As I have mentioned so many times before, Indigenous people all over the world face the constant destruction, or threat of destruction to their homelands, and to sacred places. This is a difficult issue to get across to most Americans, who have no sense which is at all similar to that of Natives, and perspectives are so very different. (For a bit on that, read the excerpt from one of John Trudell’s essays, in the comments here.) Anyroad, there is an in-depth article and photo essay about the fight the Western Shoshone are facing over the spiritual heart of their traditional homeland. As is often seen in such cases, the destruction is well beyond what was necessary, such in the swathes cut for telephone poles, which was much wider and destructive than was close to needed. This contempt is almost always seen in such cases. Non-natives rarely have any care for what natives view as sacred, because all they see is land they can ravage or make money from. They don’t see or understand the sacred, and they know nothing, and seldom care about the history which is there. You all know we have seen that here already in Ndakota, with the contempt from DA and Energy Transfer, then being locked out of the survey of our own sacred sites. All this and more is happening in Nevada right now. Just a very small excerpt here, please go and read the whole article.
[…] The place is ancient, but the fight to protect it is contemporary. Decades of mining have left scars. Like 83 percent of Nevada, Tosawihi sits on federal land administered by the Bureau of Land Management (BLM), an Interior Department agency. The BLM, which issues mining permits, calls Western Shoshone accusations of mining-related destruction the product of a “different worldview.” Tribal members say that if the BLM followed federal law, including historic-preservation and environmental regulations, damage could be avoided.
In June, a three-judge panel of the Ninth Circuit Court of Appeals refused to stay construction for a mining-related power line in Tosawihi until a way could be found to save the ancestral healer’s trail, which had been determined eligible for the National Register of Historic Places. The Band appealed the ruling. Despite the issue still being before the courts, employees of Carlin Resources, part of an international consortium that owned an open-pit gold mine in Tosawihi, fired up their yellow bulldozer. They plowed a rough, nearly 12-mile-long road, along with 50-foot-wide gashes for the bases of the utility poles. They gouged a trench into the side of a nearby hill used for vision quests.
They obliterated much of the healer’s trail, along with the natural pharmacy he cultivated alongside it. Tanya Reynolds, an official of the South Fork Band of the Te-Moak Western Shoshone, called the destruction “beyond words, beyond what is possible to fix.”
“They’re after money and will literally move mountains to get it,” said Murray Sope, from the Shoshone-Paiute Tribe. “But these places are also very valuable to us for teaching our children.”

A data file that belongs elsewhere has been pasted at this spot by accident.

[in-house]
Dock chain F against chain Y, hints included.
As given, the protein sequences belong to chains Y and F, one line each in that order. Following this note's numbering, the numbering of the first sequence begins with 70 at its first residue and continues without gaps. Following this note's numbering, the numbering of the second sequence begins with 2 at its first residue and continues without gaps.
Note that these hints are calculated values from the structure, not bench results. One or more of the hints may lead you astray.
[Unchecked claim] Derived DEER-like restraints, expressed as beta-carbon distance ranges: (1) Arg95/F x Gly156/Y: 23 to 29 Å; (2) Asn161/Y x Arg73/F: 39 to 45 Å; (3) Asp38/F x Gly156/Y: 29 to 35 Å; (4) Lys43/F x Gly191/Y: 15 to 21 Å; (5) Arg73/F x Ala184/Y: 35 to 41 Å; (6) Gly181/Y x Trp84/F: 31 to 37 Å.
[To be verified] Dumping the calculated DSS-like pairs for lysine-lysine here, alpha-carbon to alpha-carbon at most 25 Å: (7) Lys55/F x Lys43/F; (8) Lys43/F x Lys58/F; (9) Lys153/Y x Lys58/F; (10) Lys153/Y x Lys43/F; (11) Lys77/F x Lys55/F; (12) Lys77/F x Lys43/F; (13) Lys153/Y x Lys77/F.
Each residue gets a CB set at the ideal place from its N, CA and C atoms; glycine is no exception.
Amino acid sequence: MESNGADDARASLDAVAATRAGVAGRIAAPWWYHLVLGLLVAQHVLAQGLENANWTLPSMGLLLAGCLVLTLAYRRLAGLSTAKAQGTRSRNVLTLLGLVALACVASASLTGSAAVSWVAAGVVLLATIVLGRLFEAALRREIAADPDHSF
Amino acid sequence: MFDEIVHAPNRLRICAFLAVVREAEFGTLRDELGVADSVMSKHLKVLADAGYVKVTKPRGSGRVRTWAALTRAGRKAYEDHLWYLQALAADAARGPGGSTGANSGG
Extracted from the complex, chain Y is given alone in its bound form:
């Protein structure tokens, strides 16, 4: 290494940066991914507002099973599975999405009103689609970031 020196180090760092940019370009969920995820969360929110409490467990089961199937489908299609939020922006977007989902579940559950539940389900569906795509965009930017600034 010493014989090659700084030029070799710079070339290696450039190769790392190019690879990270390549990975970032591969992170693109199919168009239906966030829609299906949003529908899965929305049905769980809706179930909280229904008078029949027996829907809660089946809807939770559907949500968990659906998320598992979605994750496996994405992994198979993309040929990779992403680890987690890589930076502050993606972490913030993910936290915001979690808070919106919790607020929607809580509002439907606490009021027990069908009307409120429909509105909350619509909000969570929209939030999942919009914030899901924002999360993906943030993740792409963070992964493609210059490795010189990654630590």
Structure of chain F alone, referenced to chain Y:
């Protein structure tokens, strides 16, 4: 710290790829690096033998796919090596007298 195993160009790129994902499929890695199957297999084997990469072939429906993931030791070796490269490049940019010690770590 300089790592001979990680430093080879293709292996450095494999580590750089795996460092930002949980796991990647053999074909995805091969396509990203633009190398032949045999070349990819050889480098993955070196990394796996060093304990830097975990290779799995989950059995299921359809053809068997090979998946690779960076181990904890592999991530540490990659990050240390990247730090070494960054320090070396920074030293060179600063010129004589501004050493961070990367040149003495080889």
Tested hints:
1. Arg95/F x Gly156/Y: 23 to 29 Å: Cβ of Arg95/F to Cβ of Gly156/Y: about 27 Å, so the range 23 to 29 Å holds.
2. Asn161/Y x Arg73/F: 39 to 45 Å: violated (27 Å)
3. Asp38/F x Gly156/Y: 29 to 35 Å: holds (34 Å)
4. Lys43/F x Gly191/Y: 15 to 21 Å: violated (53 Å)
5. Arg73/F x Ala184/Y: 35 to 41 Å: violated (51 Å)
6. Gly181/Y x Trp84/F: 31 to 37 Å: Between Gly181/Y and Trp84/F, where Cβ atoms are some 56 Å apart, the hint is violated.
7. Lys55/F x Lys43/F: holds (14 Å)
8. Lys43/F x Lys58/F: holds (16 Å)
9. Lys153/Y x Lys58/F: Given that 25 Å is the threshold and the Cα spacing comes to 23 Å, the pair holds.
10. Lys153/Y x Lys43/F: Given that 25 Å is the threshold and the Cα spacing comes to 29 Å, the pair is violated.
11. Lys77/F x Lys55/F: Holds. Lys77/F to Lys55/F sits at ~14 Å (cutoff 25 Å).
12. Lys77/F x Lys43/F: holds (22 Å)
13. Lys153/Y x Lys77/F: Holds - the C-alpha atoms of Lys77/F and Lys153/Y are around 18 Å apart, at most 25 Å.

Demolition of irreplaceable ancient artifacts usually merits outrage, or at least notice. The Islamic State, or ISIS, was widely condemned when it released footage of a yellow bulldozer demolishing the Gates of Ninevah, in the remains of an ancient city in Iraq. Major media outlets reported shock worldwide when ISIS smashed museum exhibits and when the Taliban blew up the Buddhas of Bamiyan, in Afghanistan.
In contrast, portions of Tosawihi have simply vanished in a national, and international, blind spot. “We don’t understand their need to destroy,” said Joe Holley, former chairman and now councilman of the Battle Mountain Band of the Te-Moak Western Shoshone. “We are realistic. We know we can’t stop them entirely, but we want them to partner with us. They need to listen when we flag endangered cultural resources. They need to follow their own laws.”
Federal authorities have permitted destruction of Native sites nationwide. In September, more than 1,200 museum directors and scholars condemned the builders of the Dakota Access Pipeline (DAPL) for destroying Sioux burial grounds in North Dakota with apparent U.S. Army Corps of Engineers authorization. The Obama administration asked the builders, Energy Transfer Partners, to halt work until it could scrutinize tribal-consultation policies, including how they had been applied in the DAPL process.
That did not necessarily signal a policy change, though. A few weeks later, under a permit issued on behalf of President Obama by the Federal Energy Regulatory Commission, the same company bulldozed ancient Native sites in Texas, turning them into a sea of mud.
In Tosawihi, the BLM-authorized power line stoked fears of more aggressive mining to come, said Reggie Sope, the healer from Shoshone-Paiute Tribe who ran the sweat lodge ceremony.
“Work began yesterday,” confirmed John Seaberg, senior vice president of the gold mine’s new owner, Klondex, which bought the operation on October 4. Depending on the results of exploratory testing, the company may install another ramp (inclined mining tunnel), Seaberg said. He called tribes “key stakeholders” in the process but refused to comment on ongoing lawsuits. They include Carlin’s suit against the Battle Mountain Band, which the Band has asked the courts to dismiss.
The full 3 page article is at ICTMN.